- Jan 29, 2009
Can you explain why the master distillers from 150 to 250 years ago in Scotland and Ireland could make such good whiskeys without access to the highly refined sugar like we have today?
Seems to me to get any appreciable amount of usable sugars for a wash from grain they must have used a hell've' lot of malted grain and water and when fermented out, it couldn't have been much stronger in % Abv than a good pint of Heavy. Would this be correct?
Oh yeah for those that don't know what a pint of Heavy is, this a full bodied or heavy malt flavoured stout served in Scotland's working class pubs and an easily acquired taste it was a good substitute to Guinness also an easily acquired taste when I lived in Scotand for a while, these stouts can be a tad strong for nearly all non Gaelic races who weren't reared on them.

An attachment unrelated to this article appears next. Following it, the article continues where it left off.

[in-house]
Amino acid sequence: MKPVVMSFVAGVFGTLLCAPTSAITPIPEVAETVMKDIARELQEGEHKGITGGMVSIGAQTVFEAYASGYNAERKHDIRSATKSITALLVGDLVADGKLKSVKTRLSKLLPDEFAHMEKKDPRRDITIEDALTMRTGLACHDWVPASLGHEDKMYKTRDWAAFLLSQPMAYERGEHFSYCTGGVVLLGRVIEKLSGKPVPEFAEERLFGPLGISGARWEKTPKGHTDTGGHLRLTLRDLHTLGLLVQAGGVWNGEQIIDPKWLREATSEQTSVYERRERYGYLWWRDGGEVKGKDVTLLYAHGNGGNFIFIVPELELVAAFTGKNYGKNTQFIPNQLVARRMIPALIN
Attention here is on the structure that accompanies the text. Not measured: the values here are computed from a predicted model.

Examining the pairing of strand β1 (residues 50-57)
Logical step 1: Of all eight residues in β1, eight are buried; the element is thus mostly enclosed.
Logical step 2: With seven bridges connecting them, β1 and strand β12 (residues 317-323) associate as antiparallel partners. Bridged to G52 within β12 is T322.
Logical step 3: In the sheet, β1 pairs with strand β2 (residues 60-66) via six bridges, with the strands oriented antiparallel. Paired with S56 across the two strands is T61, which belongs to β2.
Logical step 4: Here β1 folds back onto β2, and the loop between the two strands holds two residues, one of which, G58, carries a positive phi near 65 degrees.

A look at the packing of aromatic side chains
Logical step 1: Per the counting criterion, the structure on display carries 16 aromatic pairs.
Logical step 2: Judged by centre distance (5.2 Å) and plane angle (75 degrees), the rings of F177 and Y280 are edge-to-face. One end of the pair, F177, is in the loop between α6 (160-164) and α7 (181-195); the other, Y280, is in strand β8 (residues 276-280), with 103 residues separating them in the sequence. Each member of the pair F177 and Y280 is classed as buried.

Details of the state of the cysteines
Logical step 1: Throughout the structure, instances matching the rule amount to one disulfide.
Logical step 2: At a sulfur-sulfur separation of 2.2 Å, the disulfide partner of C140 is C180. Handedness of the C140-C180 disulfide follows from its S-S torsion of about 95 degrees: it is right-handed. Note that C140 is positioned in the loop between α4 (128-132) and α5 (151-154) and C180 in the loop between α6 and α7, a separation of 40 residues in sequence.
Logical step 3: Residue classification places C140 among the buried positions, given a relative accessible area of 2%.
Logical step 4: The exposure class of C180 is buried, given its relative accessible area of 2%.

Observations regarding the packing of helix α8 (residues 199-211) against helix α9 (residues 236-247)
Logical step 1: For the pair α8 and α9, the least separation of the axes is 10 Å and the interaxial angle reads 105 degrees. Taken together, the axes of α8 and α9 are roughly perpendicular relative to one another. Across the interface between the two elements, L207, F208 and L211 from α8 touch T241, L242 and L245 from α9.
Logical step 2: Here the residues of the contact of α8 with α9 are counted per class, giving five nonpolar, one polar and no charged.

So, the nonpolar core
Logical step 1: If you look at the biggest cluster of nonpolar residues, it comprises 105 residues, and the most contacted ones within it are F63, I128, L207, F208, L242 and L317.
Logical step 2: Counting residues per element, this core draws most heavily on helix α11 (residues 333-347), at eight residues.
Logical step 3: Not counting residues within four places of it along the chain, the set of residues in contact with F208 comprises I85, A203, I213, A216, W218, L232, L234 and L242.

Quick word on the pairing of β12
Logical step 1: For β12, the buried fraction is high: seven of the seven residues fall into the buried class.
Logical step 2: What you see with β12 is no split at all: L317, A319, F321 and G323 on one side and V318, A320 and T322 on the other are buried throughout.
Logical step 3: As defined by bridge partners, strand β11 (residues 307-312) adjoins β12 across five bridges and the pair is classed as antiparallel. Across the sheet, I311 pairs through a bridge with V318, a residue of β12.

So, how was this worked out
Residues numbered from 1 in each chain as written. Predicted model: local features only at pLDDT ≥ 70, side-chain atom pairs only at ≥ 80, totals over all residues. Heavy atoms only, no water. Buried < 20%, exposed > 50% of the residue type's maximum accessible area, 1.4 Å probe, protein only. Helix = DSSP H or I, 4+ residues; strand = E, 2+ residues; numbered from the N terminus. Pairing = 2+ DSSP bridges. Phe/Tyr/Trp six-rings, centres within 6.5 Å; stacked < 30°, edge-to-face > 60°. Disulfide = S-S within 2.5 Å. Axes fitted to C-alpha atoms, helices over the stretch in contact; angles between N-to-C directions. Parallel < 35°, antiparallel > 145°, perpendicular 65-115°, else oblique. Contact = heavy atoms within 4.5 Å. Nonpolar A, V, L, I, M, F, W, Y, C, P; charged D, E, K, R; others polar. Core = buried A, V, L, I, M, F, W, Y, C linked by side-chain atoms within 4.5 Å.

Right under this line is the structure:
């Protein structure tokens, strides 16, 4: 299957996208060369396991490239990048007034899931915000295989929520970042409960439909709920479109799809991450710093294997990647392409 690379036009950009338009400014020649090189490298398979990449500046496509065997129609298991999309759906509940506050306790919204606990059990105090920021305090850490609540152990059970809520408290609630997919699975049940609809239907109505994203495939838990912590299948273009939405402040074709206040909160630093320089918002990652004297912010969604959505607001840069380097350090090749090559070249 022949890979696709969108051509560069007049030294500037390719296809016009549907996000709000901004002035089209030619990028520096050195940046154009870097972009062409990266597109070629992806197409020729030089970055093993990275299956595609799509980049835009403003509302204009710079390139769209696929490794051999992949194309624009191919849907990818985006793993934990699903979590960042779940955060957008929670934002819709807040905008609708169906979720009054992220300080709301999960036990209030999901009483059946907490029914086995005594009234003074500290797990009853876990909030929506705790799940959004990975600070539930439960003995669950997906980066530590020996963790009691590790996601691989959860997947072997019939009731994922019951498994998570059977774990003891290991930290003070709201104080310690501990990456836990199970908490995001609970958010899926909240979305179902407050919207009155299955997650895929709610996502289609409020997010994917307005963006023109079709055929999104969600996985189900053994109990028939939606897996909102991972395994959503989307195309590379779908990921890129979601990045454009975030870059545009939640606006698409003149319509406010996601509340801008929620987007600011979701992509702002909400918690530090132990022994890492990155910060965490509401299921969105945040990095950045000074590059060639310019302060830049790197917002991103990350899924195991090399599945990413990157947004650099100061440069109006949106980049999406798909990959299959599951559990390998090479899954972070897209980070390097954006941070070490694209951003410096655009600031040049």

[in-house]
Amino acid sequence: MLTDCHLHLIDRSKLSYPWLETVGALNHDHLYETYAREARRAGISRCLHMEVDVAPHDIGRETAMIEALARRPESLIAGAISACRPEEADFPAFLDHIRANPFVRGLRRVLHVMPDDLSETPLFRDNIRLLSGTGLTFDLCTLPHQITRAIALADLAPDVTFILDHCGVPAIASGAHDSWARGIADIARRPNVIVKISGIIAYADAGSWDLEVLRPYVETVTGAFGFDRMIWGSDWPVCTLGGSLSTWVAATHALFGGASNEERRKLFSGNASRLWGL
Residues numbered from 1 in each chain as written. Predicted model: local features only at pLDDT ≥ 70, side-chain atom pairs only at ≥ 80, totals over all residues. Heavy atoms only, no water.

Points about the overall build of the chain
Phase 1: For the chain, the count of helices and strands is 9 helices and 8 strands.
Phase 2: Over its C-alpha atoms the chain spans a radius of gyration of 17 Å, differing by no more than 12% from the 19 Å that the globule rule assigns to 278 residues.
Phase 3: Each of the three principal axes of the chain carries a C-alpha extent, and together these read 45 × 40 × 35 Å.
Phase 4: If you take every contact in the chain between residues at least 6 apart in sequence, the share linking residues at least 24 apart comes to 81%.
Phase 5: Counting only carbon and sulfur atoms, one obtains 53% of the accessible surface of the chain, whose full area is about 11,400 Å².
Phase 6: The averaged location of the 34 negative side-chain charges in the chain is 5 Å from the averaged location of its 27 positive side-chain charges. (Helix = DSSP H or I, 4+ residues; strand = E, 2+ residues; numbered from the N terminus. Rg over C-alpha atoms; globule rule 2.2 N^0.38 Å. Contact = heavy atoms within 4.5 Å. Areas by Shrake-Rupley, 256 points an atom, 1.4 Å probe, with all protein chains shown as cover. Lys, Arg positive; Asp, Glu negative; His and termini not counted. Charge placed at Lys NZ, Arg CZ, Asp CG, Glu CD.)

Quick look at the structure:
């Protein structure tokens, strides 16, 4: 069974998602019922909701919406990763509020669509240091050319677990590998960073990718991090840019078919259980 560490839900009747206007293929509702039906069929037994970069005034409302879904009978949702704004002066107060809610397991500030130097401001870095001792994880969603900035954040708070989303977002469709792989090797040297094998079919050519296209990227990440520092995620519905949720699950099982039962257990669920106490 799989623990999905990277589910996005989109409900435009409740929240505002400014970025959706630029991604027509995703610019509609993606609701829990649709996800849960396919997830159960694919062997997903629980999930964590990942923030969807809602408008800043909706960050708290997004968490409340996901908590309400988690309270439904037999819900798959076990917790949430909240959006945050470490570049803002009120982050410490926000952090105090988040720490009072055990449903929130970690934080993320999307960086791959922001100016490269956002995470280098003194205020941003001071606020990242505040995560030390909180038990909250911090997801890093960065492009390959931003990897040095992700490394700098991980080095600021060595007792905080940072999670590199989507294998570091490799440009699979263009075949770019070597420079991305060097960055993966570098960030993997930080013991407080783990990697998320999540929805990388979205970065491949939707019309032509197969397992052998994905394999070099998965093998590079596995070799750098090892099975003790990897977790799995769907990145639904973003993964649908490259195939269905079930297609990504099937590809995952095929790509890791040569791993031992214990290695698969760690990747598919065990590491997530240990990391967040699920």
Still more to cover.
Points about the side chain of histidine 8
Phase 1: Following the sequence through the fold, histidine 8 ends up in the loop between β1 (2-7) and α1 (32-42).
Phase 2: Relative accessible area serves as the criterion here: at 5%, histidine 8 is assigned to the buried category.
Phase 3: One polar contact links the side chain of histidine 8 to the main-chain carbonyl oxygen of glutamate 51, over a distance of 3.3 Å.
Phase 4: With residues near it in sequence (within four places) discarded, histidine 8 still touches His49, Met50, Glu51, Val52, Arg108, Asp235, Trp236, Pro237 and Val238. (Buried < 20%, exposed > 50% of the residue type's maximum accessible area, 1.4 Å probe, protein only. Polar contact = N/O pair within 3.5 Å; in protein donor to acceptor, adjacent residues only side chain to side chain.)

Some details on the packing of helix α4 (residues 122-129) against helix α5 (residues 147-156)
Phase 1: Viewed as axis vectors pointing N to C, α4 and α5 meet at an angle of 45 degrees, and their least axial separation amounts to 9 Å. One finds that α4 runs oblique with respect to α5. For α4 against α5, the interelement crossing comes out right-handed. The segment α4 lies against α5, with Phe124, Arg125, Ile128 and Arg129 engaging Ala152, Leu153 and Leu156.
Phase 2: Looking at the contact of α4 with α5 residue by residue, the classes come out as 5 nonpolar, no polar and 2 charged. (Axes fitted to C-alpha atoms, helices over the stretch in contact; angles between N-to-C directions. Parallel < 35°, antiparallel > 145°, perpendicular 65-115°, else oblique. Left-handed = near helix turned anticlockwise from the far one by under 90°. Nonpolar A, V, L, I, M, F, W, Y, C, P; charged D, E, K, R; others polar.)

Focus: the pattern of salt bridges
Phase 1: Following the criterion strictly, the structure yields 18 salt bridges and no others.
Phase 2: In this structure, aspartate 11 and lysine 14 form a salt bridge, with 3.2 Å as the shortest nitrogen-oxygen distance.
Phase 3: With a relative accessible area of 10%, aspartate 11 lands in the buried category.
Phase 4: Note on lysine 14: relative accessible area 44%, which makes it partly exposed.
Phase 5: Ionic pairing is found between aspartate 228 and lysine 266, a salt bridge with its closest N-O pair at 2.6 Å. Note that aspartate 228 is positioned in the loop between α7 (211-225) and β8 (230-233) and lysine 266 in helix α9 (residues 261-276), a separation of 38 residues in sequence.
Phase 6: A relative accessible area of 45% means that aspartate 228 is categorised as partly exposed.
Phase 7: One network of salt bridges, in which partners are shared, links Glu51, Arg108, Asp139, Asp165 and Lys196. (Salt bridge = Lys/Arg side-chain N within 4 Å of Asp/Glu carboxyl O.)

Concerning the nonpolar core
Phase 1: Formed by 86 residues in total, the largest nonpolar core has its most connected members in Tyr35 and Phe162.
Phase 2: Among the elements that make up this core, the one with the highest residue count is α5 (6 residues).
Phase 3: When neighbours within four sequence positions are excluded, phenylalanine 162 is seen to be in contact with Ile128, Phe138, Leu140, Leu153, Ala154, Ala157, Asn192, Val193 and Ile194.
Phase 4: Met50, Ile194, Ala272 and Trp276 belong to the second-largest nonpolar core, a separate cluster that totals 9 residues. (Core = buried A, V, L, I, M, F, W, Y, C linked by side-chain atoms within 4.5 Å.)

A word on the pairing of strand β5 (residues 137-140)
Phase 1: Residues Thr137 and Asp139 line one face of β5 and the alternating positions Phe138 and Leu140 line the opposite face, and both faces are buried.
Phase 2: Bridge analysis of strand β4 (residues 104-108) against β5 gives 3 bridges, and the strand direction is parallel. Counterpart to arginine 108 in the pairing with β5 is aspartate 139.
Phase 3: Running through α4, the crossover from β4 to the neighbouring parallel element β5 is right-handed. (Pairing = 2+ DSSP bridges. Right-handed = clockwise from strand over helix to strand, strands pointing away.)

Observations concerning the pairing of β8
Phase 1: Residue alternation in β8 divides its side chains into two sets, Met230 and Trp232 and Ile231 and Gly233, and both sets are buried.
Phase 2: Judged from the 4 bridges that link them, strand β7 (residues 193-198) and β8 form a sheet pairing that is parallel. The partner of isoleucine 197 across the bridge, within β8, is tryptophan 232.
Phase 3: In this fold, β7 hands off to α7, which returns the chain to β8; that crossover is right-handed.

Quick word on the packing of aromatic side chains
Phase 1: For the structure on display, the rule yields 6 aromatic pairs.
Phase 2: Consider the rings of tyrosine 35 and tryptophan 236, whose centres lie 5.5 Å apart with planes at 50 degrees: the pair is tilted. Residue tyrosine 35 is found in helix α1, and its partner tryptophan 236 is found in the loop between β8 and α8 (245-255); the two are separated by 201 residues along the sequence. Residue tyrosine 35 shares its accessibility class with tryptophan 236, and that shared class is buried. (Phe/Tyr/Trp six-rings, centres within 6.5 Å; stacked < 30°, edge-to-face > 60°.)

Anyway to get a reasonable amount of good whiskey doing double and triple distilling through those huge pot stills they must have been dealing with huge low alcohol washes and the work and materials, turf and wood in the early years and coal or or gas in the later years time spent in the barrel and whatever was involved to do this must have been very expensive
I suppose this outlay needed clawing back hence the hefty price tag on some of the better whiskeys of old?
Where these huge volumes of low alcohol washes', when distilled, the reason why they tasted so good?
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